While visiting South Carolina this past week, we were able to get together, reconnect and talk genealogy.  You just never know who will find you, so if you haven't started, why not? 
You may find cousins and long lost friends. 










What had you dancing this week?
                                                                                 

                                                                                              Share your discovery!
                                                                                  
                                                                                         Let the dancing commence!







Share the fun! Click below to tweet this post! 





Looking forward to reading about your Happy Dance moment!


Thanks so much for stopping by!
Helping you climb your family tree,


Tuesday, June 19, 2018

Tuesday's Tips~Getting By with Help from Our Friends-Diana Elder





 This edition of Tuesday's Tips comes from our friend Diana Elder of Family Locket. Diana shares her tips on creating an objective to help focus our research.

3 Tips to Focus Your Research with an Objective
Have you ever been sucked into the whirlpool of internet record searches and after an hour or two surfaced wondering where you’ve been and what you’ve accomplished?  It is so easy to get distracted by all the goodies that are available online: census records, birth certificates, cemetery records, and so much more.  How can you put some order into your research?  Try formulating an objective and watch your efforts come into focus.
An objective is simply a statement of what you want to accomplish. It can direct your research for an hour of web searching or it can keep you focused on a major project.  An objective will help you feel proactive with your family history efforts and even when you don’t find a record, you will feel successful.
Writing an objective is the first step in keeping a research log. Besides grounding a research log, a research objective can also guide you through a more involved project There are numerous goals we have as family historians and thinking through an objective and writing it down can help us achieve our goals.  Here are some tips to help you fine tune your research.
Tip # 1    Craft your objective with the end in mind
Decide what you really want to accomplish.  What is the end result of your research going to be?  Maybe you’re writing a family history or a blog post.  You could be working on a project for accreditation or certification. Perhaps you’re working on a brick wall research problem. Think carefully about the research project you want to tackle.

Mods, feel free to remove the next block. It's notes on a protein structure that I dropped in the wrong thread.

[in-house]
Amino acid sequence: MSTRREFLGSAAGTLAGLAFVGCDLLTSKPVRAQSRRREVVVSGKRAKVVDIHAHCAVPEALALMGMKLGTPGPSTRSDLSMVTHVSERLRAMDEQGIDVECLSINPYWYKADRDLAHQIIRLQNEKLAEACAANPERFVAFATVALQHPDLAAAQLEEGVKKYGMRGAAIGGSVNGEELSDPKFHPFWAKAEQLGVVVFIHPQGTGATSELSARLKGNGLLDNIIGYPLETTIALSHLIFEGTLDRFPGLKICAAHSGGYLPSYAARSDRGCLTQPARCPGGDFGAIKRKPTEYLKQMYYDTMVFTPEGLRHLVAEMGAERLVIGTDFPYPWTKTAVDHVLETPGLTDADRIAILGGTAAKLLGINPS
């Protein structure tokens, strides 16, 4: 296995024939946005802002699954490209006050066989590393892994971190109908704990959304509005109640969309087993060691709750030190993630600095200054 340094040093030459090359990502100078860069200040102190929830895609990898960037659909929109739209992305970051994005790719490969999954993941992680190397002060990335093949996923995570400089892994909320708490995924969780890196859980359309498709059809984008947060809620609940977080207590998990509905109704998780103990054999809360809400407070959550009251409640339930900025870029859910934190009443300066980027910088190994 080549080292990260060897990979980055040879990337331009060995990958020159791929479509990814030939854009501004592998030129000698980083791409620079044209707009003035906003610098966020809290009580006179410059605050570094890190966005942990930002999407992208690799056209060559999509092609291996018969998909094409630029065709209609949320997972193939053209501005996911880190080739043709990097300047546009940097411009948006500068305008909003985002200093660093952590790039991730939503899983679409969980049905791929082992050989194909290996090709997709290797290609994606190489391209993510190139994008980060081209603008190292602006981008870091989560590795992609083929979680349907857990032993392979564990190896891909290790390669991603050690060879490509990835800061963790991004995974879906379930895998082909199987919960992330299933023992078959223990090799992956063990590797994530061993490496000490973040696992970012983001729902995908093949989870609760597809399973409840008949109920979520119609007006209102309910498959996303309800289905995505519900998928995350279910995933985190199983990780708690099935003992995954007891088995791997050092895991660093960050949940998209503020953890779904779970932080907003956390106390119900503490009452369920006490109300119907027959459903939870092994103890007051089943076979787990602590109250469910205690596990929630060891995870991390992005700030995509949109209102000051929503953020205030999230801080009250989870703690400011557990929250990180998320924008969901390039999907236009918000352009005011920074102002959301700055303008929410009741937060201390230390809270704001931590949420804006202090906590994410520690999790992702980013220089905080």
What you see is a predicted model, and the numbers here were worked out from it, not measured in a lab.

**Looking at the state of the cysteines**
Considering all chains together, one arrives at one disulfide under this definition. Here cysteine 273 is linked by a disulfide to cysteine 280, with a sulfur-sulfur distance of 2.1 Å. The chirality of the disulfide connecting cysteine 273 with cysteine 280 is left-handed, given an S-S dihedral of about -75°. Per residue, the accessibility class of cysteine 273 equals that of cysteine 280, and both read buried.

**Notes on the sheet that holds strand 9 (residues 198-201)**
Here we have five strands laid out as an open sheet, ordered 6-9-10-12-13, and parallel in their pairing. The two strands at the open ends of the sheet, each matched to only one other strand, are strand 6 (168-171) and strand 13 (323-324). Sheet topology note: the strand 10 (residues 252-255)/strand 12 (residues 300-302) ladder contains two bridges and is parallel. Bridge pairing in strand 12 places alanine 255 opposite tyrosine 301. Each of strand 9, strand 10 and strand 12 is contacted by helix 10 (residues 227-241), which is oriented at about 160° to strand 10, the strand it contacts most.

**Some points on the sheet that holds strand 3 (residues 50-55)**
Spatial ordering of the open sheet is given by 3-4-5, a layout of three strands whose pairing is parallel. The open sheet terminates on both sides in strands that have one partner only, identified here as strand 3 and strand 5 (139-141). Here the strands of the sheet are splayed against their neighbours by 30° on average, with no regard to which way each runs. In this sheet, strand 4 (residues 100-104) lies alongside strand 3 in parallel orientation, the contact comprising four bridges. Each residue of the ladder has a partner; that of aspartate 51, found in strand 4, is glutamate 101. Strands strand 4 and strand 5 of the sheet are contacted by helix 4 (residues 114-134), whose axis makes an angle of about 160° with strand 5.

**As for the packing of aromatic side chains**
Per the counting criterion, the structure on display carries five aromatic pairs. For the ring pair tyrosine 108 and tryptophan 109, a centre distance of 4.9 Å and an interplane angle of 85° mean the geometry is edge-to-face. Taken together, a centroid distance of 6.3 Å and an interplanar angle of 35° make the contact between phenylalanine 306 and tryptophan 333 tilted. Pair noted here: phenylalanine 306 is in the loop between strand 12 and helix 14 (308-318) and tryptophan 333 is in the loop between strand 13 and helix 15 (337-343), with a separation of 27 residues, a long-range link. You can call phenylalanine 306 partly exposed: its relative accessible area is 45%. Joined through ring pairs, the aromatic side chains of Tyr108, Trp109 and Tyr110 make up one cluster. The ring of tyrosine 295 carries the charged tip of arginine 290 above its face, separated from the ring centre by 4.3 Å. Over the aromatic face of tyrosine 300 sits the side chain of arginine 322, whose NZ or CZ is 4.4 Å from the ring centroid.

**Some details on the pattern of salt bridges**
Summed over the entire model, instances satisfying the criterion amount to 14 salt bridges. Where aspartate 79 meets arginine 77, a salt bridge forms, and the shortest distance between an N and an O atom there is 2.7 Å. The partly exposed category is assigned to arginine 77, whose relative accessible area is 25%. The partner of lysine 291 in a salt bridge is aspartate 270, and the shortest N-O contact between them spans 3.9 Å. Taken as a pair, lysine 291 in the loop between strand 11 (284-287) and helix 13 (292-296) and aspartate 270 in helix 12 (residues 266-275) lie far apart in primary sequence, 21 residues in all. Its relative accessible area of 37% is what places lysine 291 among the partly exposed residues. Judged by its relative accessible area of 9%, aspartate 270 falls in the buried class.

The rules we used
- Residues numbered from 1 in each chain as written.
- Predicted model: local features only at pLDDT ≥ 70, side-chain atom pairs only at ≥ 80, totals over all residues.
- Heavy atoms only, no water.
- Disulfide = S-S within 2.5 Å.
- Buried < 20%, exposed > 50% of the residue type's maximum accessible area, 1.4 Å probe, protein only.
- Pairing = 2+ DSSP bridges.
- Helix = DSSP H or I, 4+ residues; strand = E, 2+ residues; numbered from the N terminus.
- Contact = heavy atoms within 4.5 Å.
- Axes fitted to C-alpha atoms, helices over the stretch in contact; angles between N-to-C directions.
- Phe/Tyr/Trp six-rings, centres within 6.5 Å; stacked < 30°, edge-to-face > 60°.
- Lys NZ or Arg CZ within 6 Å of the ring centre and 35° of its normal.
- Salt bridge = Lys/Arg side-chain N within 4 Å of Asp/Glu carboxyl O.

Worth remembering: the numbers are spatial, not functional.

Tip #2    Break up large objectives into smaller pieces
A large objective like writing a four generation report on your family would need to be broken up into several small, doable objectives, such as “Discover the military service of John Smith, born 1774 in Caroline County, Virginia and died 1804 in Green County, Georgia.
In crafting a research objective, consider whether you’d like to identify a person, discover a relationship, or find event information. Once you’ve decided what the focus of the research project will be, create an objective using key identifiers such as the full name, birth, and death dates and places, or marriage information.
After your objective is written, view it from the perspective of someone who doesn’t know your family. Could they perform acceptable research from the details you included? No need to include all background information on the research question in the objective, just the basics.
Tip # 3  Record your objective
What’s the use of crafting a useful objective if you can’t refer to it, again and again, to keep you on track?  Put it at the top of your research log or research notebook page.  Include it in the opening paragraph of your family history or research report.  Type it out and put it on your wall for the book you’re writing. As you’re researching, stick to your objective and resist the temptation to hop websites.      
Creating an objective is the first step in the “Research Like a Pro” process. The next steps are:
– Review your research with new eyes by creating your own timeline analysis.
– Construct a locality guide to direct your research.
– Create a plan to keep your research on track.
– Style source citations, giving your work credibility.
– Set up a research log to organize and track your searches.
– Write a report detailing your findings and ideas for future research.
Interested in knowing more? Check out several more blog posts on the subject at FamilyLocket.com.




Bio

Diana Elder AG® is a professional genealogist, author, and speaker. She is accredited in the Gulf South region of the United States through the International Commission for the Accreditation of Professional Genealogists (ICAPGen). Diana graduated from Brigham Young University with a degree in Elementary Education and has turned her passion for teaching to educating teens and adults in proven genealogy techniques. Diana is the author of Research Like a Pro: A Genealogists Guide and creator of the “Research Like a Pro” study group. She writes regular articles for FamilyLocket.com, the genealogy website created by her daughter, Nicole Dyer. She presents regularly at genealogy conferences, sharing the methods she uses every day to solve challenging genealogical problems.

Thanks so much, Diana, for your great tips on creating an objective to help us stay focused!



Thanks so much for stopping by!
Helping you climb your family tree,





Sunday, June 17, 2018

Celebration Sunday~Genealogy Happy Dance!